Russel: Interesting. Was there anything else that you took away from the process that was surprising or that you think that the pipeliners in general ought to know about this leak detection standards development?
Jason: I think, when you’re a user of those documents, you look at them, and you don’t really think a lot about what went on with those. You don’t think about the passion that a lot of people put into those documents. The teams that worked on these documents, they brought everything they had to these discussions.
There weren’t people that just quietly sat in the background. Everybody came and had informed opinions and career experiences. We’d go through things, and somebody would say, “Well, this exact thing has occurred to me, and this is the way that I think it should be handled.” Then we could sit and discuss that.
These documents are written with real world experience. It’s not a lot of assumptions and that kind of thing. This is people that have been in these situations before and people that have actually built pipeline management systems.
That experience, for me in general, just to get exposed to that, is a huge career advancement.
Russel: Oh, I couldn’t agree with you more. That’s one of the greatest things about doing the whole podcast thing is the learning. Oh, my gosh. I know so much more about pipelining than I did. I’m a firm believer that, whatever your particular technical discipline, understanding the other disciplines you’re working with, what they’re doing, and why they’re doing it makes you better at your discipline.
Jason: Absolutely. I guess I would say if anybody has the opportunity to participate in these API meetings, you’re going to learn more than pretty much anything else you will do, just based on exposure to your peers across the industry.
That’s the thing that I learned. I didn’t understand how much passion there was around sharing information in these formats.
Russel: Yeah, and really trying to put something together that’s going to be useful. I find often that you read these standards, and it’s often hard to get the context about why they were written. I know there’s always some lead-in information, but to me, that never seems to be enough.
It’s like there’s a level of context you need to have, if you have that context, and read the standard, the standard makes a lot more sense.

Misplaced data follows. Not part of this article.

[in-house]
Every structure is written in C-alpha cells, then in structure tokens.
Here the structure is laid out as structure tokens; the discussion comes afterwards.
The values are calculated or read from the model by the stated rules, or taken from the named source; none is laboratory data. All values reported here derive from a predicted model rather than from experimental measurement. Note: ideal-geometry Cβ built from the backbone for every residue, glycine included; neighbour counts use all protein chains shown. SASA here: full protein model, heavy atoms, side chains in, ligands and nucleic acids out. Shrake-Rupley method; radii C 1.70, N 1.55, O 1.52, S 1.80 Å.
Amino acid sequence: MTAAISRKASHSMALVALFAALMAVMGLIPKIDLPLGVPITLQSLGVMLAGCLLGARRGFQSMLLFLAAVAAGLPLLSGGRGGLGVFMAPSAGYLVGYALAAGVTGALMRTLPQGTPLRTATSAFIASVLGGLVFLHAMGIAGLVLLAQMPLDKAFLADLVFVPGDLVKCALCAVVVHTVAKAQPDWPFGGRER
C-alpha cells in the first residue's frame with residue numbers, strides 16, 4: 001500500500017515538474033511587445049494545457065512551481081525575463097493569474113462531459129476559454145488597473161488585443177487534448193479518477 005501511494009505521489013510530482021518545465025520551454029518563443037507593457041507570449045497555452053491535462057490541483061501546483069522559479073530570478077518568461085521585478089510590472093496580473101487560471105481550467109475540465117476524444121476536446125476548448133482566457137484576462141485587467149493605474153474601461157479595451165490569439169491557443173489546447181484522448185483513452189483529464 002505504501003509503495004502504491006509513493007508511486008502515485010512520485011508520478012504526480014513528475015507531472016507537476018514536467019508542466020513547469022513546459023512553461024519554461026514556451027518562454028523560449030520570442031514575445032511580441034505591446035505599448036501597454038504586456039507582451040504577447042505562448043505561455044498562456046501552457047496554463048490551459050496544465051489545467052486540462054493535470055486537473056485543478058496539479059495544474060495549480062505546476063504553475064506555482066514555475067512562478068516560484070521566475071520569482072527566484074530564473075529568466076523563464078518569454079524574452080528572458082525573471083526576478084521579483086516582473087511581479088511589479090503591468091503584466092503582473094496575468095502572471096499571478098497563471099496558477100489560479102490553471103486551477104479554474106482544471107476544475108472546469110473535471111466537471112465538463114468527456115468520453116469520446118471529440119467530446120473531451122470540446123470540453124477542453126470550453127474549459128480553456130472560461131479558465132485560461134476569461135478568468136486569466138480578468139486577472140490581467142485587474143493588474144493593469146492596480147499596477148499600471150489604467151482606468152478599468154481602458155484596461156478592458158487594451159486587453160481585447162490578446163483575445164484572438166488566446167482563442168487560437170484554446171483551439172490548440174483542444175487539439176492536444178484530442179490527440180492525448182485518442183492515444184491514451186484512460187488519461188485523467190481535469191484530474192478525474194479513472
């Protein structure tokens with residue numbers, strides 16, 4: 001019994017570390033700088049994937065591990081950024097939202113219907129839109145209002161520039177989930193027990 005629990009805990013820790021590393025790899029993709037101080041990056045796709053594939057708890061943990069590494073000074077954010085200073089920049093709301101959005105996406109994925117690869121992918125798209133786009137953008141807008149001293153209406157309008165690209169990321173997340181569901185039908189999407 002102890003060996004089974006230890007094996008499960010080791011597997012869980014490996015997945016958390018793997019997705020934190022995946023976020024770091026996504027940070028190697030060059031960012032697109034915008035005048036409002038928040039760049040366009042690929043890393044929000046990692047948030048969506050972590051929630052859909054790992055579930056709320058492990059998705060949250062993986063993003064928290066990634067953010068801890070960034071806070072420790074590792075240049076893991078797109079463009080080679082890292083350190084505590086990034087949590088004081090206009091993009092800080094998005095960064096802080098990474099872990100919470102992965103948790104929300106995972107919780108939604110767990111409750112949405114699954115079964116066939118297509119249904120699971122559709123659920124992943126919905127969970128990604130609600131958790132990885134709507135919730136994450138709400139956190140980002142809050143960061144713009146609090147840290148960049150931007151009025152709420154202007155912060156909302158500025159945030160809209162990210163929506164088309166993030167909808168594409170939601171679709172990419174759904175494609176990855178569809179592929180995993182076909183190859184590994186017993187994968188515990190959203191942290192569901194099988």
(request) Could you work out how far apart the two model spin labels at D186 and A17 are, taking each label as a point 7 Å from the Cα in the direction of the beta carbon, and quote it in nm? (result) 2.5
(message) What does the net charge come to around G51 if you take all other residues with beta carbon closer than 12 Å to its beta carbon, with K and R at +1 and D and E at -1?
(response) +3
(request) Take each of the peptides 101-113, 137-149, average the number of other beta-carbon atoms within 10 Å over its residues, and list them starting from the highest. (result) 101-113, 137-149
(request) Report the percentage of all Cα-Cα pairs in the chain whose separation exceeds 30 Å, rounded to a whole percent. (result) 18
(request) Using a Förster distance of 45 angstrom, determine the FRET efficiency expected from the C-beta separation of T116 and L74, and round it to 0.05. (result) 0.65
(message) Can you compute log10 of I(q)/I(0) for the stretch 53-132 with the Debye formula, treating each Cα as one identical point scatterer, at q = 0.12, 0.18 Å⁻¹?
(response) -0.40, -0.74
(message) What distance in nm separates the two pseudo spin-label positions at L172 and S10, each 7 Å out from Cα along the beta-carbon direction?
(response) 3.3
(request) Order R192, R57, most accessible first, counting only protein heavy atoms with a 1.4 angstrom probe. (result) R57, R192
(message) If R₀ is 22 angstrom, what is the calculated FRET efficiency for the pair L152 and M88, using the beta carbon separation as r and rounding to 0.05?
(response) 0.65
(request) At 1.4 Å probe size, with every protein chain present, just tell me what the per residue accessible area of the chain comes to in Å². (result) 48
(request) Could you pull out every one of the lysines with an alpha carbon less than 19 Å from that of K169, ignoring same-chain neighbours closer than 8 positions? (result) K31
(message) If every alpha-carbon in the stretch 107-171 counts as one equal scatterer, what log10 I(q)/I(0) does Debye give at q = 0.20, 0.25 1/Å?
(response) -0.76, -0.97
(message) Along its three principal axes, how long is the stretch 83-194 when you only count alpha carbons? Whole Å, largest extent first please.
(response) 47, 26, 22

Jason: Right, absolutely.
Russel: That’s one of the reasons I like doing podcasts about these things, because I think it helps to do that. What do you think the future is for all this? Where are we headed with leak detection overall, and how do you think these standards are going to need to evolve in the next five years or so?
Jason: I think there’s going to be more technology development. At the API conference, I guess the big topic was AI and machine learning, trying to give our controllers some backup. When you put a controller in charge of these pipelines – and they’re not just looking at leak detection systems, they’re trying to do cuts, they’re trying to monitor energy usage – it’s a busy job.
People can only focus on so many things at one time. Developing tools to assist our controllers is a real big opportunity, and I think that’s where a lot of the research is going.
I guess, at the end of the day, we need to be careful to make sure that our technology is keeping pace with what we can expect out of the people using the technology, and that we’re not oversaturing people. If you’re oversaturated, and you can’t pay attention to everything that’s going on, the leak detection system can’t help you.
We need to make sure that we’re getting the controllers, the help they need, to understand what’s going on. I think there’s going to be more effort placed on leak detection volume. Like we were talking earlier, the little leaks that turn into big volumes.
We’ve spent a lot of time as an industry focusing on rupture class events, because that’s where the significant risks are. I think we’re doing pretty good on that side. You’re in a lot of control rooms. I think most pipeline operators are really good with ruptures.
It’s the smaller leaks that we’ve got down to that, where all of the research and the development is probably going to take place.
Russel: I agree with that. I think that’s true. I do that, just overall, across the industry, we really understand the importance of identifying ruptures quickly and responding quickly. I think everybody gets that.
I think that there’s a lot of work that needs to be done on the smaller leaks, but I think there’s also a lot of work that needs to be done on alarm analysis.
Russel: I was having a conversation at API over lunch. I was talking to a couple of gentlemen from the Pipeline Safety Trust. They were asking me about leak detection. They are obviously very interested in how that works, what are the limitations, and all that.